Very rarely does one come across compositions that transcend musical genres, retaining their original melodic and rhythmic framework while inviting performers to interpret them as per their chosen genre. This rare occurrence is probably because most compositions are rooted in one or the other genre.

However, in the case of devotional poetry set to music and performed as bhajans, there are occasions when performers usually presenting specific genres choose to incorporate one or the other bhajan in their concert repertoire. This has happened in the case of the bhajans immortalised by DV Paluskar, which were featured in the first episode of this series. Hindustani vocalists as well as those presenting only bhajans in concerts have rendered these bhajans. Even instrumentalists have chosen to interpret them.

Today, we listen to maestro Omkarnath Thakur’s interepretation of a bhajan or pada (poetic text) written by the 16th-century saint-poet Meerabai. The bhajan is composed in raag Bhairavi and set to Teentaal, a cycle of 16 matras or time-units, and has been heard in varied contexts like art music concerts and in Hindi cinema. But we will hear other interpretations in the next episode.

Omkarnath Thakur’s melodramatic interpretation echoes the dramatic nature of his khayal presentations. The obviously crafted performance is evident particularly at around 9.55” into the track, where the maestro leads the rest of the melodic ensemble into maintaining a precomposed line of solfège over which he meanders with a free-flowing version of the verse.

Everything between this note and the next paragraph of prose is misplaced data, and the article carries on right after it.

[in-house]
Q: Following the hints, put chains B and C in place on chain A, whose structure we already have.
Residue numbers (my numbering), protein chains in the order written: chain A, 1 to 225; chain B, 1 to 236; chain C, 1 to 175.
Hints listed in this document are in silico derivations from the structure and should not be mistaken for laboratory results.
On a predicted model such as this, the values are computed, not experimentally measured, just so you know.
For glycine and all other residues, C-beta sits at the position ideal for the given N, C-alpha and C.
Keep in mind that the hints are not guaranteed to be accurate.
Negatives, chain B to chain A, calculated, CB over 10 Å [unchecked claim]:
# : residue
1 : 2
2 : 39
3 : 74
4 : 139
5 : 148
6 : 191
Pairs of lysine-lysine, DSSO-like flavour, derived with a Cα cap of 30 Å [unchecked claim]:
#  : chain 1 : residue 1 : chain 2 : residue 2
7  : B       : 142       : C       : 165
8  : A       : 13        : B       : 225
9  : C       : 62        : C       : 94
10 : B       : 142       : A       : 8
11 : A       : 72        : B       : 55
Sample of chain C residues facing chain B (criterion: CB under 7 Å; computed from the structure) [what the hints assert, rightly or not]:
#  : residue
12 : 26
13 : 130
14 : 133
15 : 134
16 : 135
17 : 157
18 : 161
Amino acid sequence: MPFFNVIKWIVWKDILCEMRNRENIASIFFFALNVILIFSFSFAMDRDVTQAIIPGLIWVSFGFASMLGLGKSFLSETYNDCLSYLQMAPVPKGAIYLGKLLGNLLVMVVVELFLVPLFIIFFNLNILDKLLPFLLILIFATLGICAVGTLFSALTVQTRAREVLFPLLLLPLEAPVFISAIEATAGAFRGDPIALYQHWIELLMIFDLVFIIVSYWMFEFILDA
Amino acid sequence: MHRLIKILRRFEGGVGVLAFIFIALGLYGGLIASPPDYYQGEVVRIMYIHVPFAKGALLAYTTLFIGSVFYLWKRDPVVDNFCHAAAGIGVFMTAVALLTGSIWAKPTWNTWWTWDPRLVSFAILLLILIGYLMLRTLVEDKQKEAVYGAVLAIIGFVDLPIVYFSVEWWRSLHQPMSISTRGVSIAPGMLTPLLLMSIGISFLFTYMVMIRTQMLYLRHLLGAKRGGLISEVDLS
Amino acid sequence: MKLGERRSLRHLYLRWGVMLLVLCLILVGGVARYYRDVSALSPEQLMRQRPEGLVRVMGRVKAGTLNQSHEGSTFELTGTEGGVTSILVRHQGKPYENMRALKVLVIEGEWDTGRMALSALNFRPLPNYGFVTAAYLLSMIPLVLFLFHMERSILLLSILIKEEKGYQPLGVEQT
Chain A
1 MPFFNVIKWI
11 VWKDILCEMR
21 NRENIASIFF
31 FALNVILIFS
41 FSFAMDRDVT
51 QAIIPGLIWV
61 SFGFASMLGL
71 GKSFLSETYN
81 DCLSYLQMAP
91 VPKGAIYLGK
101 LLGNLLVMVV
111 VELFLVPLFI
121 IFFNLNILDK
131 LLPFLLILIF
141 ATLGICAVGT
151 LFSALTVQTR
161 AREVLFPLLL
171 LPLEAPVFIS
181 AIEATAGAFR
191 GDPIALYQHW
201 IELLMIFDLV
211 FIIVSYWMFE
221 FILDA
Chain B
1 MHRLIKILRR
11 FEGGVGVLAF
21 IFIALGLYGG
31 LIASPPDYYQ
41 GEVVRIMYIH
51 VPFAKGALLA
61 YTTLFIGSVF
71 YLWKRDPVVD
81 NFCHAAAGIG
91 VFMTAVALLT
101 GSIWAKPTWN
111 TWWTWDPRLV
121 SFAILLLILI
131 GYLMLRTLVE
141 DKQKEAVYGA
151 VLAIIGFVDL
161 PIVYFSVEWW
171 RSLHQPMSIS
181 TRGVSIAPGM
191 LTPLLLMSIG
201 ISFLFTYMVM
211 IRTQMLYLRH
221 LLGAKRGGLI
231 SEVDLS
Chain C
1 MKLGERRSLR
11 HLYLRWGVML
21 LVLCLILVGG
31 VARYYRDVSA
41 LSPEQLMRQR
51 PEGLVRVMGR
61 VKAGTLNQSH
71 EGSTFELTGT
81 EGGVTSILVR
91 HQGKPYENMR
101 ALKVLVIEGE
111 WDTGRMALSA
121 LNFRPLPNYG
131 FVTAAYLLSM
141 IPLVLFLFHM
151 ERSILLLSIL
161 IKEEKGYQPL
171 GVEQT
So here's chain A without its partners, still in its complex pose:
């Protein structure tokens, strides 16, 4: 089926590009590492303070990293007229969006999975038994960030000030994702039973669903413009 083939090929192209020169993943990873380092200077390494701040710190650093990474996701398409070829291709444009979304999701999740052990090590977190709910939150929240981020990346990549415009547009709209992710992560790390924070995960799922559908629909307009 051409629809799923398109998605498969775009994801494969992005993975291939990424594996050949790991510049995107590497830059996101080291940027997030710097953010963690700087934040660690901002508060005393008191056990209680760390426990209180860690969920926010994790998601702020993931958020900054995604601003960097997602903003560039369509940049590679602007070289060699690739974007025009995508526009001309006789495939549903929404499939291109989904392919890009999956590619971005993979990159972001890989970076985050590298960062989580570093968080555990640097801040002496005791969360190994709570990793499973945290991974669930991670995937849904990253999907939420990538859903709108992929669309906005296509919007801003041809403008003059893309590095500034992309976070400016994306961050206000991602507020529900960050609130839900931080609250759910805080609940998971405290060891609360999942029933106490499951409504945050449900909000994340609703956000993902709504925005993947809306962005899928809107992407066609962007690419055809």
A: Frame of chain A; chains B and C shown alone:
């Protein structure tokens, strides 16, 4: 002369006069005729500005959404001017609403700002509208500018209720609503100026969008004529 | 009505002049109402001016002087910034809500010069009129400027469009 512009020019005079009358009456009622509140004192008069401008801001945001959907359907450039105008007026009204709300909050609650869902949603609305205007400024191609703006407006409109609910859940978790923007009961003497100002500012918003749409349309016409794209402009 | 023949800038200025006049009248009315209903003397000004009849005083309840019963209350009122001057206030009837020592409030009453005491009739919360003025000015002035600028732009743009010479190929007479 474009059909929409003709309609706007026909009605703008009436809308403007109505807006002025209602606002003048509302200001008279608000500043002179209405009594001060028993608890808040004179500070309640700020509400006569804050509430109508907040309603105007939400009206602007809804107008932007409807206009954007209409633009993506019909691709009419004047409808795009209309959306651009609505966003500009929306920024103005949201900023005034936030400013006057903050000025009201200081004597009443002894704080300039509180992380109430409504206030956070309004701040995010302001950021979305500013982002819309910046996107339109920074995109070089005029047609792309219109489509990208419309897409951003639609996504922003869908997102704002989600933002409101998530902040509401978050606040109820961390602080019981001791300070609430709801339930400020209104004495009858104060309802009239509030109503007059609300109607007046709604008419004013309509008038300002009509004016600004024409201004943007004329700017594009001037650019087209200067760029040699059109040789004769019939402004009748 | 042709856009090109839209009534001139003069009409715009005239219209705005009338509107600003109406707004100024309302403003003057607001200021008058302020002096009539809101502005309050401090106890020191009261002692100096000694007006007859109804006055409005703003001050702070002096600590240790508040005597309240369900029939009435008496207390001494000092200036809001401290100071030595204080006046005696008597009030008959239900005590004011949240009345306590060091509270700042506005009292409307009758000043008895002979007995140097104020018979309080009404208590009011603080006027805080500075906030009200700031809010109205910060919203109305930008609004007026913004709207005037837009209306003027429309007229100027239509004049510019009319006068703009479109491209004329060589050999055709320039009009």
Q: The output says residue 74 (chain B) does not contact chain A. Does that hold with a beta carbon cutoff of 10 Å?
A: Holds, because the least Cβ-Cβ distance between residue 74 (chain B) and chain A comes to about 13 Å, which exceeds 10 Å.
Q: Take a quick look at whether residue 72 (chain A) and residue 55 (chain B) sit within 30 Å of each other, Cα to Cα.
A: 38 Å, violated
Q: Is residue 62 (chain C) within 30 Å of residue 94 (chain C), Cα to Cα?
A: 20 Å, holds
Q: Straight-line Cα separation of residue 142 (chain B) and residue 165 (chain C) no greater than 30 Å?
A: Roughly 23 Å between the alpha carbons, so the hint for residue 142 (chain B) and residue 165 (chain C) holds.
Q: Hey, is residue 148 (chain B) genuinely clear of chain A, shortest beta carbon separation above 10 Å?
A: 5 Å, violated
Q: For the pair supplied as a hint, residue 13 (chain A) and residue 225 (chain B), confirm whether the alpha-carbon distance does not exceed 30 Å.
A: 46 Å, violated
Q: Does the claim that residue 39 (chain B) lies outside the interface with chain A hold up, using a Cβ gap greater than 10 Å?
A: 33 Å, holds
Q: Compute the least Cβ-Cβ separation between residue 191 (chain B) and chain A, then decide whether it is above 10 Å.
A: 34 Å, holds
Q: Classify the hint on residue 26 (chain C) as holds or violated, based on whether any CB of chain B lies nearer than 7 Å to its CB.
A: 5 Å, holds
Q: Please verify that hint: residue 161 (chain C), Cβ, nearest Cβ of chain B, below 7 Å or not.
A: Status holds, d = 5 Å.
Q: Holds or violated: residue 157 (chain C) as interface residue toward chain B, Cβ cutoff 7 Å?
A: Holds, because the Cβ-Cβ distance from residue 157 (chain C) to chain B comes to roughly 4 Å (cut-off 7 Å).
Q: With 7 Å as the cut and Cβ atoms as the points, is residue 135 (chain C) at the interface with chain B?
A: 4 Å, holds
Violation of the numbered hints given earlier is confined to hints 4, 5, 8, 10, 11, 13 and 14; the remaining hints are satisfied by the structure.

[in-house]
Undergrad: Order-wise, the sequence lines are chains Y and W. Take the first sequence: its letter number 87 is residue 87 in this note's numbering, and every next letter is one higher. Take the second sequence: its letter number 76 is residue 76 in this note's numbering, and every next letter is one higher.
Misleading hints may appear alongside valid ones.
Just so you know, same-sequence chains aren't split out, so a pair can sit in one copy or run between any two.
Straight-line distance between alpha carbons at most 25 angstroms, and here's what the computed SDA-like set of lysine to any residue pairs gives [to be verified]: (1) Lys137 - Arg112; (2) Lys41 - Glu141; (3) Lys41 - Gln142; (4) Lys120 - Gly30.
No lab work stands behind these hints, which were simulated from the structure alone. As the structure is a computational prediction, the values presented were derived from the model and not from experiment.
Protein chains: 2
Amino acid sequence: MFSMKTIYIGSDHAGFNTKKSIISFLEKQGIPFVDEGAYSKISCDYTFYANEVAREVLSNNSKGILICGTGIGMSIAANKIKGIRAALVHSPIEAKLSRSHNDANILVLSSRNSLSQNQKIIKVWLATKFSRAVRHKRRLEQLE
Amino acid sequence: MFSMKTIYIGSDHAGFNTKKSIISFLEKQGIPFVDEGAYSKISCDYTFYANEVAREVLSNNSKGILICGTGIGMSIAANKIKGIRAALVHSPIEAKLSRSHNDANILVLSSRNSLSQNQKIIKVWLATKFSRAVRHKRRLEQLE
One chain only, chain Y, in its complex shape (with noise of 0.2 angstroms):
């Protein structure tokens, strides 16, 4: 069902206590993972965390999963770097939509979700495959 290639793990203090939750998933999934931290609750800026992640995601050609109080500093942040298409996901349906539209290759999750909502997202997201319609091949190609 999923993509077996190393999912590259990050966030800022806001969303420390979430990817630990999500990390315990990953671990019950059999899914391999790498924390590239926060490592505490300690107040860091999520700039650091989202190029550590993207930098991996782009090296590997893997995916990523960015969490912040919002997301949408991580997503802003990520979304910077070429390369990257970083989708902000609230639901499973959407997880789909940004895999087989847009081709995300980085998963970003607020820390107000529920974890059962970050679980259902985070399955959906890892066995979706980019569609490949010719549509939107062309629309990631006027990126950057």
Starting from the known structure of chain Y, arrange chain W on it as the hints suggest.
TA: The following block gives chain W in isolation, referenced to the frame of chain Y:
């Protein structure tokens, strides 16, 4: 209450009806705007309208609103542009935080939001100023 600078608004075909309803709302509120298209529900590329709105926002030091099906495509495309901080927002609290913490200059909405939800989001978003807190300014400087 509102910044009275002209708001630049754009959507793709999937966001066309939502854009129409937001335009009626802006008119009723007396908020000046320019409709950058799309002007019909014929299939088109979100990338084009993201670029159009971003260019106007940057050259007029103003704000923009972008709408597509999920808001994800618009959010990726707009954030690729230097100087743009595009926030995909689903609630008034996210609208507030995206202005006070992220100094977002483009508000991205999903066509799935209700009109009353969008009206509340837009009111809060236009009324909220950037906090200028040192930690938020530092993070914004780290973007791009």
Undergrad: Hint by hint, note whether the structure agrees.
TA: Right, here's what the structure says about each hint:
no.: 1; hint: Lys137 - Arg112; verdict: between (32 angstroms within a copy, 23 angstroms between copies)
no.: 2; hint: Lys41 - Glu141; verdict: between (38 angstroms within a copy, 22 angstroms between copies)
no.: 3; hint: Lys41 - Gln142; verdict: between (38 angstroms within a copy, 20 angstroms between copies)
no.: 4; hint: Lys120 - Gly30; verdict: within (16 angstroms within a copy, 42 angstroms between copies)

The same deliberateness is palpable towards the end when he gradually ascends the scale and the melodic ensemble joins in each time on the standing note. He intersperses the recital with demonstrations of the manner in which he projects his voice to portray different emotions contained in the same line. He also adds a few lines that do not belong to the original song-text.

It seems from the indistinct announcement during the recital that these were written by his spiritual guru. He is accompanied on the tabla by the revered tabla player Nikhil Ghosh. Melodic accompaniment seems to be provided by violin and sarangi. There is no text accompanying this track, but it is likely that the violin accompaniment was provided by his disciple and well-known violinist N Rajam. He was often accompanied on the sarangi by the sarangi maestro Ram Narayan and Thakur’s disciple Balwantrai Bhatt normally provided vocal support.